Wasteland 2’s Fargo on Unity: ‘I can’t imagine us using any other engine’

By Dave Cook
12 October 2012 15:23 GMT

Wasteland 2’s Brian Fargo has discussed the game’s development progress with VG247, stating that as far as the studio was concerned, Unity was the only choice.

As part of an incoming Wasteland 2 interview, Fargo explained why he is backing the Unity platform, “We are loving Unity. For this style of game, I can’t imagine us using any other engine. There are so many positives that are allowing us to focus on gameplay and not technology. We’ve been very outspoken in our love of the Unity Asset Store.”

“We’ve currently purchased over 100 assets that range from engineering scripts to environment models. I can safely say that had we picked a different game engine, there is no way we’d be at the point in development that we are now.”

Regarding Wasteland 2 development, Fargo confirmed that the project is blazing forward, “As for the process, once we’ve set our core tenants and main systems in stone, we immediately kick off the level designs. Right now, we have over 10 writers and designers finishing up all of the maps.”

“During this period, engineering will be working on pipeline tests and creating tools that we need to have each discipline work effectively. Our team is pretty experienced and we all have ways that we enjoy working in our specific disciplines.”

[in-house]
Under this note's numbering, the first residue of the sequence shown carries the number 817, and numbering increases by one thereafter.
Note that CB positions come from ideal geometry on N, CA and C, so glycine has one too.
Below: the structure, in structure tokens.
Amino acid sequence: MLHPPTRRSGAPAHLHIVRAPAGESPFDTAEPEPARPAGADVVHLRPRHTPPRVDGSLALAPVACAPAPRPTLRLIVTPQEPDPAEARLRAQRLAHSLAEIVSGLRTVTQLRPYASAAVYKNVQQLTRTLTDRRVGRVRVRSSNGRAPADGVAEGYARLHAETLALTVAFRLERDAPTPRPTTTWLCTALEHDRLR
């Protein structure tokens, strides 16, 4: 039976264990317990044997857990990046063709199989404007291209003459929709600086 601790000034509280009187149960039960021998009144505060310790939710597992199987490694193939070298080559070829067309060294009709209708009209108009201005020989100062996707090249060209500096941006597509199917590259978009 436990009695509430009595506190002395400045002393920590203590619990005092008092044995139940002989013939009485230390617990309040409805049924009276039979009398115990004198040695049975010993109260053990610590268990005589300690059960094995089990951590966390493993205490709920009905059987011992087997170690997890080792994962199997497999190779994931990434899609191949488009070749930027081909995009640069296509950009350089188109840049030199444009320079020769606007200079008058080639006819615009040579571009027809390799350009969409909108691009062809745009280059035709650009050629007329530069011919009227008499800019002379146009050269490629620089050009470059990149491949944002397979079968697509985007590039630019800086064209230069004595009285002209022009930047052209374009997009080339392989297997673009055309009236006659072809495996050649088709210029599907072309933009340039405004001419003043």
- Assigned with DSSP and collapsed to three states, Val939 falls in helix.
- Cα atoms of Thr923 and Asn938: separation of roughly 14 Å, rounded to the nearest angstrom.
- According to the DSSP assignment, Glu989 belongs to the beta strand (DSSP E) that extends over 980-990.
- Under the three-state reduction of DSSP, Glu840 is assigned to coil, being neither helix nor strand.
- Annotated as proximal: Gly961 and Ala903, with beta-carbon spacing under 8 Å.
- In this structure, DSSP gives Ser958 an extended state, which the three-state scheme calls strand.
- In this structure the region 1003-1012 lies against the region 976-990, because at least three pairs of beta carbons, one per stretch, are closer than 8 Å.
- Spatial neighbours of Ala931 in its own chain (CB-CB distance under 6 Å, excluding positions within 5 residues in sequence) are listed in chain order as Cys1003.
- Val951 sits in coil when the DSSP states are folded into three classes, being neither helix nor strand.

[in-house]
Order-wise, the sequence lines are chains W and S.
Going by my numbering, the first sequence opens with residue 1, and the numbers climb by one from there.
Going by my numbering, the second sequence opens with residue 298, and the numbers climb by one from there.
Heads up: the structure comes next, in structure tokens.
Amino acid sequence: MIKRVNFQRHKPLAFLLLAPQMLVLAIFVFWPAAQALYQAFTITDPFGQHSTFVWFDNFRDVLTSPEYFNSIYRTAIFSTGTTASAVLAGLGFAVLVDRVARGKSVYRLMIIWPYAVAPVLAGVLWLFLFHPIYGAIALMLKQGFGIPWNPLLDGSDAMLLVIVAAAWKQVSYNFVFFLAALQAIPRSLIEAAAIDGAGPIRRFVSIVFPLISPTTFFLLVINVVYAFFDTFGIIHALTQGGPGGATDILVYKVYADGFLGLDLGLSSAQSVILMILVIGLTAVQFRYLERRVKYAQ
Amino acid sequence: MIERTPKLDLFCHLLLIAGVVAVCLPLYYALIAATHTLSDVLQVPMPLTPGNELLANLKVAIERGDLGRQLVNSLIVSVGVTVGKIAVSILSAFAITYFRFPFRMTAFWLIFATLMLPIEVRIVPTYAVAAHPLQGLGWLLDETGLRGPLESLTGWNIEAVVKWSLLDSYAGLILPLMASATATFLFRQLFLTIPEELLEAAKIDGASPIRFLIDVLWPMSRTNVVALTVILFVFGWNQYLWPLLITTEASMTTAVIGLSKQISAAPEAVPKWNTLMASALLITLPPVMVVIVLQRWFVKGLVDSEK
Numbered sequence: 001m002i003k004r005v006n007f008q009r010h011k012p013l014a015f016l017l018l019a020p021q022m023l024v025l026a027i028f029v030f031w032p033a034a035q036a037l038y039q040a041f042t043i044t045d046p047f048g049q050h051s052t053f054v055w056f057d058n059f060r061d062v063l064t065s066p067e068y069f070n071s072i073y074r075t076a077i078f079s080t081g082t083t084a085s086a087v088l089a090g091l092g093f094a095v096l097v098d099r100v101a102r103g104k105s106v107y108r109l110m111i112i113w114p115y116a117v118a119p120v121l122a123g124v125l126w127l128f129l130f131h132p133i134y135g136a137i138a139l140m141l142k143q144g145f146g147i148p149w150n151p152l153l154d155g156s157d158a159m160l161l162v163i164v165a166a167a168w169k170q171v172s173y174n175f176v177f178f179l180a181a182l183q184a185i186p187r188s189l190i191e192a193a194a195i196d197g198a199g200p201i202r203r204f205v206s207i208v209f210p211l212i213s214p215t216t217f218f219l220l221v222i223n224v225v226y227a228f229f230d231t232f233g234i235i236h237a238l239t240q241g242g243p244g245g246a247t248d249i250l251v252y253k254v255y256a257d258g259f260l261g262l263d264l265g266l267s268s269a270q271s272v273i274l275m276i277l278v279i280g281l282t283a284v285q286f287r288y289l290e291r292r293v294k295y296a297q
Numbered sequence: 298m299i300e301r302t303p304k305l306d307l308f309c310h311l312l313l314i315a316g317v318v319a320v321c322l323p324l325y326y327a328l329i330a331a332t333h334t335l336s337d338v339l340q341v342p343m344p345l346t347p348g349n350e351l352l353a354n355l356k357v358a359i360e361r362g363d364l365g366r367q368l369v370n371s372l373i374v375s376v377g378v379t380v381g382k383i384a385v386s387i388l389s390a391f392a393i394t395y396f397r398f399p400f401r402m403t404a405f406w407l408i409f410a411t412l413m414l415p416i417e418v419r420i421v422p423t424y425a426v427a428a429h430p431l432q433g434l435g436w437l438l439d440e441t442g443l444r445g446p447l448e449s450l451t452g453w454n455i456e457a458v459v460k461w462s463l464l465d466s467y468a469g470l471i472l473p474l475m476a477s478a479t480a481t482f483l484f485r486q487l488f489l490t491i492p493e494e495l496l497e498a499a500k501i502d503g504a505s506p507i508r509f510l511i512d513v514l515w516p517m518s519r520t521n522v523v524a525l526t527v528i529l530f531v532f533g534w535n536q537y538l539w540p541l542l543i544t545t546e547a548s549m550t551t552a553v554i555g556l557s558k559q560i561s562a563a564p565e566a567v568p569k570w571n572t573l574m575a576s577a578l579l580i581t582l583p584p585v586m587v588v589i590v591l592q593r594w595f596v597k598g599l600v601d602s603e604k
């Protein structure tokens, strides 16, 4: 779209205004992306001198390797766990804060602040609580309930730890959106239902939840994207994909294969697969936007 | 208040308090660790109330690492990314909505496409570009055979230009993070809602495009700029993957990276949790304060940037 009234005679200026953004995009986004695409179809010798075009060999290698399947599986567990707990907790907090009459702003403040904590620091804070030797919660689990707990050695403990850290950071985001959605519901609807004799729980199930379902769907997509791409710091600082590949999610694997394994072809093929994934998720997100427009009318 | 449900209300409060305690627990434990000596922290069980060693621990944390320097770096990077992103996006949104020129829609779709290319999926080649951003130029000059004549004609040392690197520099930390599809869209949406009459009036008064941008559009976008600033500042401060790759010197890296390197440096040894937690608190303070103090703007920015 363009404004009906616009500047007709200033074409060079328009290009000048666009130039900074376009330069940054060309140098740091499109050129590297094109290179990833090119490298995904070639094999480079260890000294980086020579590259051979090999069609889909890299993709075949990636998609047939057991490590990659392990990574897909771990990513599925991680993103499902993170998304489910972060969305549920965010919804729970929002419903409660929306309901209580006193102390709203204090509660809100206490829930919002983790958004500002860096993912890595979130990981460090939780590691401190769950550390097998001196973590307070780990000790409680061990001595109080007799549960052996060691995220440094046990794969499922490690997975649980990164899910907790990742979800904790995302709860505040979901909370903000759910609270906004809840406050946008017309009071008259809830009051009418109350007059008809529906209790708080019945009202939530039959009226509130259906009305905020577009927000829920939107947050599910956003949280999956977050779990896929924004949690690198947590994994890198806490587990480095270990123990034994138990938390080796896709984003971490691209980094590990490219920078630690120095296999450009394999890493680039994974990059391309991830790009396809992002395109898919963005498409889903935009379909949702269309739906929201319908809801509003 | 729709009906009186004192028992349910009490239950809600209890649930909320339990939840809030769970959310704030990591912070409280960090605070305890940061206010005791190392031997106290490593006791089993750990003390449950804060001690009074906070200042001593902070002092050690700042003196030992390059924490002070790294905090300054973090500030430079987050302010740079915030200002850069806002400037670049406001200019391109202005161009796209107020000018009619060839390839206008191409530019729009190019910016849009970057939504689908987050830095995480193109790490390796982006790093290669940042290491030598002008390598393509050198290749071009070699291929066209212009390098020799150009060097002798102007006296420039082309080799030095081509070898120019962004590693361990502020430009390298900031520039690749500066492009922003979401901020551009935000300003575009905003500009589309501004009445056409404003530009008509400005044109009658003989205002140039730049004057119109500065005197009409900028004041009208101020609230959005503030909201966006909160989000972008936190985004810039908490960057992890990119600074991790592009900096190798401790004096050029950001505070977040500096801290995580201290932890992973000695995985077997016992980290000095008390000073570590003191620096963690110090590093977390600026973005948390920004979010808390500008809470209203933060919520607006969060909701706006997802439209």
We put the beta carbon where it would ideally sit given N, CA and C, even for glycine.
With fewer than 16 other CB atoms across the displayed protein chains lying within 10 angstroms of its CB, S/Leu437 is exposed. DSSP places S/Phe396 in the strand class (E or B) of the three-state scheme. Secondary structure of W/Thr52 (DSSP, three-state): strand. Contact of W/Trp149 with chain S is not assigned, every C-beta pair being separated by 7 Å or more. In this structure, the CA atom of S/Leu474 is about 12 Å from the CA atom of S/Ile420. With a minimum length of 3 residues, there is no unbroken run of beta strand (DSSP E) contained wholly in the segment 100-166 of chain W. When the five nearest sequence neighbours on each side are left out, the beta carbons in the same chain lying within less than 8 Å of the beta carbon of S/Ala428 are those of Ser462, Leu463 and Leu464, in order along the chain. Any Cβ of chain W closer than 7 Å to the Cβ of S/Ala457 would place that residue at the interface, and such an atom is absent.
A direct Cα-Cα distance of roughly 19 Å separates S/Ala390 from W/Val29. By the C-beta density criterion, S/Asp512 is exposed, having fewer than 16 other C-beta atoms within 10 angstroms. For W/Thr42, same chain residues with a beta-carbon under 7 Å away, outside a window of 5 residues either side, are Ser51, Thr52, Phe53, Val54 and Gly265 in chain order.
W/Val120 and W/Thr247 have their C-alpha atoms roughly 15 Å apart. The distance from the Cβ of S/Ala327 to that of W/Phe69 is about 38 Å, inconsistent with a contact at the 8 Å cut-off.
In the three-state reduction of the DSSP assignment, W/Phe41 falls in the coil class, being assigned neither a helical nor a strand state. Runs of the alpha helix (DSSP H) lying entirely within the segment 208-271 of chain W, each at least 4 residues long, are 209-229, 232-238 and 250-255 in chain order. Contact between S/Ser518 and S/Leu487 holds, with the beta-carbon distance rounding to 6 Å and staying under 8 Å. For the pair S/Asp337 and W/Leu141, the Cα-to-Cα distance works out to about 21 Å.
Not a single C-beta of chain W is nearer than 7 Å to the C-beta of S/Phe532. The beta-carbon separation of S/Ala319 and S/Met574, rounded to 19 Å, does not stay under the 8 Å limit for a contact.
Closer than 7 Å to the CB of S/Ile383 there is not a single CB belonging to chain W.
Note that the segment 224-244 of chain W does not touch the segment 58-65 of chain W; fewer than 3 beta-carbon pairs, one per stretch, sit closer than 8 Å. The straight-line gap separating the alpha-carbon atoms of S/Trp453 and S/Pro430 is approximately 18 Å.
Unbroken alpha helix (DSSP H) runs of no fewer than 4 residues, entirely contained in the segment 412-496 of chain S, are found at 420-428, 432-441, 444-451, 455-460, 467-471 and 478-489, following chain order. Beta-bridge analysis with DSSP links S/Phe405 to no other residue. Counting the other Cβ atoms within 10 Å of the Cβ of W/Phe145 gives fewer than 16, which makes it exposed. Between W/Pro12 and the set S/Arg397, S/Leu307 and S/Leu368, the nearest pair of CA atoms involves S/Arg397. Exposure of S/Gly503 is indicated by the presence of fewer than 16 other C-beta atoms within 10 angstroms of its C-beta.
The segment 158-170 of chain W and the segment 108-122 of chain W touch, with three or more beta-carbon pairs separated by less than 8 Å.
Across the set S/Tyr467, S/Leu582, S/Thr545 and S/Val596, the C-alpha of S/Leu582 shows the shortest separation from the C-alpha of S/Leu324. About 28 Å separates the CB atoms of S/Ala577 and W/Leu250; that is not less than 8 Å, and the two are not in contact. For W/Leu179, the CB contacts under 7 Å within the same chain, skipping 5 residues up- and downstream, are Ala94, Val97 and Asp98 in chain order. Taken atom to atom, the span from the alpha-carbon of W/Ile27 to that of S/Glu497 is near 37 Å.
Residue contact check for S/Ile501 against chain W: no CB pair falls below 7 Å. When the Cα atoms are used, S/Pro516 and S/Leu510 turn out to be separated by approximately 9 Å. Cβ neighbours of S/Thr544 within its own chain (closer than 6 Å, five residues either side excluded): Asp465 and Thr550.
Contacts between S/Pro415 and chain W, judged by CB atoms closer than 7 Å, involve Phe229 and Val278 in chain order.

“After that, it’s about getting a single level up and running so that we can start scripting it to get a feel the scale of the world and get some initial cameras set up. We believe strongly that nothing can make up for iteration on a game, no matter how good the initial design.”

“Once we have a system implemented, we will evaluate it and shift priorities as needed to make sure it’s supporting the overall game mechanics we want to put forward.”

There will also be a Wasteland 2 beta, and as far as Fargo is concerned the project is still on track to hit its October 2013 release window.

“Design will be complete at the end of October,” Fargo confirmed, “then we focus on full production and iteration. We’ll also have an early closed beta and will get feedback before the actual launch of the game.”

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